Your WordPress Site Language Is Wrong
We already covered this in the “Try These Things Before Troubleshooting” section above. But if your WordPress language isn’t set properly, that will mean your translations don’t load.
For example, if your translations are in Spanish but your site language is still set to English, WordPress will display everything in English rather than using your translations.
Your Translation Files Aren’t Being Loaded
You also might have issues if your translation files exist, but aren’t being loaded.
Unfortunately, you’ll need to feel comfortable analyzing code to implement many of these troubleshooting steps. Additionally, you’ll often need to enlist the help of the plugin or theme’s developer to actually fix the problem for good.
There are a few reasons why themes and plugins might not load your translation files:
- The extension isn’t calling the load_textdomain function (load_theme_textdomain for themes and load_plugin_textdomain for plugins). You’ll need to ask the extension’s developer to fix this problem to ensure your translations load correctly.
- Your translation files aren’t named correctly. This can happen if the extension is coded incorrectly and declaring a different text domain than the one it actually uses. Again, you’ll need to contact the extension’s developer to have them fix this.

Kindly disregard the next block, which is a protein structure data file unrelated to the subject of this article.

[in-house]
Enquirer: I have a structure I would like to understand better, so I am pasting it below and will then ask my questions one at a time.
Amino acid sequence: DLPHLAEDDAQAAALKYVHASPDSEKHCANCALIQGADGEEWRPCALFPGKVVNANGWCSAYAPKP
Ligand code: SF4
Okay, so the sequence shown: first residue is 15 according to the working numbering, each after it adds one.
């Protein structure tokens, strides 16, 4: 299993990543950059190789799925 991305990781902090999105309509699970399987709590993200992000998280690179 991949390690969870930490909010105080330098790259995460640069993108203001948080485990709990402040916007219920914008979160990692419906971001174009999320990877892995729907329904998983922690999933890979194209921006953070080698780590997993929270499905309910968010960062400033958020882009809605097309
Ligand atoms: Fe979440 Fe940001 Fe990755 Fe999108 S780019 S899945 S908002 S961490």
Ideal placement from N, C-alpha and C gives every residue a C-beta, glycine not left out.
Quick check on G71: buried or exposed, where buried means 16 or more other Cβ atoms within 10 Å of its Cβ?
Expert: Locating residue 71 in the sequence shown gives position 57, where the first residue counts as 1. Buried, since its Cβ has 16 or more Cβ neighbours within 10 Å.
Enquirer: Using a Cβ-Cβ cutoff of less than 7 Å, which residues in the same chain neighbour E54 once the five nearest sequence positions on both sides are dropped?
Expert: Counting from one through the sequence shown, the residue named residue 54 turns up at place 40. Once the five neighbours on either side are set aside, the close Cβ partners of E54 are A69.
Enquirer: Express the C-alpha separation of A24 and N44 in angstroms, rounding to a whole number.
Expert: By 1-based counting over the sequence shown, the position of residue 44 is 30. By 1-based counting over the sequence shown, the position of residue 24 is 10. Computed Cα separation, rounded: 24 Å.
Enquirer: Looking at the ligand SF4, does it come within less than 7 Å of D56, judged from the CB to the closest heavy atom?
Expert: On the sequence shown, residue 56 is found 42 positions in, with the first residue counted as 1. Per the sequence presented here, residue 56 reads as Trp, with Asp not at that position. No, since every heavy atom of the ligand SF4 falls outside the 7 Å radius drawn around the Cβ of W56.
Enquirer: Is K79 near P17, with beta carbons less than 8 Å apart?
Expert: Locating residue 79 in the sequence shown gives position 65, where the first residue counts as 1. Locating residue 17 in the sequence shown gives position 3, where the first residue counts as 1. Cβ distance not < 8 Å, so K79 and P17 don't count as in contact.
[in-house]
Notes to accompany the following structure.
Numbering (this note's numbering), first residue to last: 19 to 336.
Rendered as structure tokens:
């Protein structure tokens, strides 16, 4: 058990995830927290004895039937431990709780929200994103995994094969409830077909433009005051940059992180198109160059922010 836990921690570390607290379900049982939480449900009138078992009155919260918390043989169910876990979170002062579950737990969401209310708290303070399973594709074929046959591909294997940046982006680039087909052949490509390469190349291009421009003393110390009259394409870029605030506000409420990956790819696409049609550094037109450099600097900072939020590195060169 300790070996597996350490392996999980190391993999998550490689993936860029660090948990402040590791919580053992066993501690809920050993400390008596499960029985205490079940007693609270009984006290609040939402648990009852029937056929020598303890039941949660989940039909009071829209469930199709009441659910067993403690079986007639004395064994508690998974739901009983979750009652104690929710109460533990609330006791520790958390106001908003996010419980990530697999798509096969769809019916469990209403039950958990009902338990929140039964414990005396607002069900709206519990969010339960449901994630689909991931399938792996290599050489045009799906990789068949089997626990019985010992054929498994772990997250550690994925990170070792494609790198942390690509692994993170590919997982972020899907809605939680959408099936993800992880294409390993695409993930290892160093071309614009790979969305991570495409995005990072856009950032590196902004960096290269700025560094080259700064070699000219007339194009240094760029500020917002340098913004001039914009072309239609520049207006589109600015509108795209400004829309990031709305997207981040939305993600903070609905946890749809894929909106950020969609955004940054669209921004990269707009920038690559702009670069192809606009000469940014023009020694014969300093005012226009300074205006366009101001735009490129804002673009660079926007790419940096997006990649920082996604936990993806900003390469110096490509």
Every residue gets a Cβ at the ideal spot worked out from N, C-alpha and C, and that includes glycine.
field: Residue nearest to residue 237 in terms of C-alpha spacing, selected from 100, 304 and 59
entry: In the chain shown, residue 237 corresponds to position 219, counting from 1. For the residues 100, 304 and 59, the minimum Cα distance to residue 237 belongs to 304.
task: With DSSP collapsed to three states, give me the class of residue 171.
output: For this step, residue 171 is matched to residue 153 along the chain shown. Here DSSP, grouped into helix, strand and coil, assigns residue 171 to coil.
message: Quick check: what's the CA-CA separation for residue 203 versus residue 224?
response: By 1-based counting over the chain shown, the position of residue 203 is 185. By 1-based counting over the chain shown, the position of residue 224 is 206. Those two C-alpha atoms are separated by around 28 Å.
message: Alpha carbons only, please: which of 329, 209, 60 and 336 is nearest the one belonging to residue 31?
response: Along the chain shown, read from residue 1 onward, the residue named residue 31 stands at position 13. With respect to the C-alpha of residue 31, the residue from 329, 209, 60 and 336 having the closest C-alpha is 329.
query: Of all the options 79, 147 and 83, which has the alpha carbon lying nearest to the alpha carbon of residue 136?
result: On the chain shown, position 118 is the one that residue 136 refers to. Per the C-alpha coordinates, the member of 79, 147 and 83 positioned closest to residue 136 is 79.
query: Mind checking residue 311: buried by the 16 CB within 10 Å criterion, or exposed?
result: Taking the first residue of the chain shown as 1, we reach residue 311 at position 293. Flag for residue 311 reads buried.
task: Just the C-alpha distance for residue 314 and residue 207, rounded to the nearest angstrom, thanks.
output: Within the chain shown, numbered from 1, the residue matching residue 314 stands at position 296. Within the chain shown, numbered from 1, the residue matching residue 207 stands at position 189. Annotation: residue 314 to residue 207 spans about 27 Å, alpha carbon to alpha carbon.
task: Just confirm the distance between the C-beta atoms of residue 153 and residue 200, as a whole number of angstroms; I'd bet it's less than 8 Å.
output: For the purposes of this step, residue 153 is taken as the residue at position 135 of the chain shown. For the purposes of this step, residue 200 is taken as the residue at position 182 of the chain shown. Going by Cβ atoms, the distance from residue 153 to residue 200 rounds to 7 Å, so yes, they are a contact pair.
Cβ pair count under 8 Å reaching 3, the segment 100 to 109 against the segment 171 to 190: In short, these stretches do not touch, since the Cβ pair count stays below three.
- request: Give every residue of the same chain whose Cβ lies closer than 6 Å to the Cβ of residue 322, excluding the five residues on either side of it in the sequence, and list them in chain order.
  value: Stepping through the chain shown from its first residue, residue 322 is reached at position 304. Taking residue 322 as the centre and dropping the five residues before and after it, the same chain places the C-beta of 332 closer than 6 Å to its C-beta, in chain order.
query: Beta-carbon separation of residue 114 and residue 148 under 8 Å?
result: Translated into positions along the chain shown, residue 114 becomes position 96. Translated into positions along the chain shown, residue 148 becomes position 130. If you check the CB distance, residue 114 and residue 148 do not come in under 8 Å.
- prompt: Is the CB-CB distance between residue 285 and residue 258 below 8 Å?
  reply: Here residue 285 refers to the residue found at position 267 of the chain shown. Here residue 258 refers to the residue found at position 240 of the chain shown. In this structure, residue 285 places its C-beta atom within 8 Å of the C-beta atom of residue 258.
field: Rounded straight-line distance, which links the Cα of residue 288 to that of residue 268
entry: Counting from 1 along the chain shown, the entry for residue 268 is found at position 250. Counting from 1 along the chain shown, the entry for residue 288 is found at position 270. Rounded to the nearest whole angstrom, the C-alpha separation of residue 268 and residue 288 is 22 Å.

- The extension’s translation template is out of date. If the translation template doesn’t match the source code, this could mean that the strings that you thought you translated don’t actually exist in the source code. Again, you’ll need to ask the developer to update the translation template.
Loco Translate Is Missing Some Strings in a Theme or Plugin
In some cases, you might run into a situation where Loco Translate mostly works, but it’s not recognizing certain strings in the theme or plugin that you want to translate.
This could lead to an awkward situation where you have incomplete translations, with some content being properly translated while the remaining content is still in the original language.
The most common issue here is the way in which the theme or plugin is coded. For example, if the plugin is dynamically storing the relevant string in your site’s database as a WordPress site option, you might not be able to access it in Loco Translate.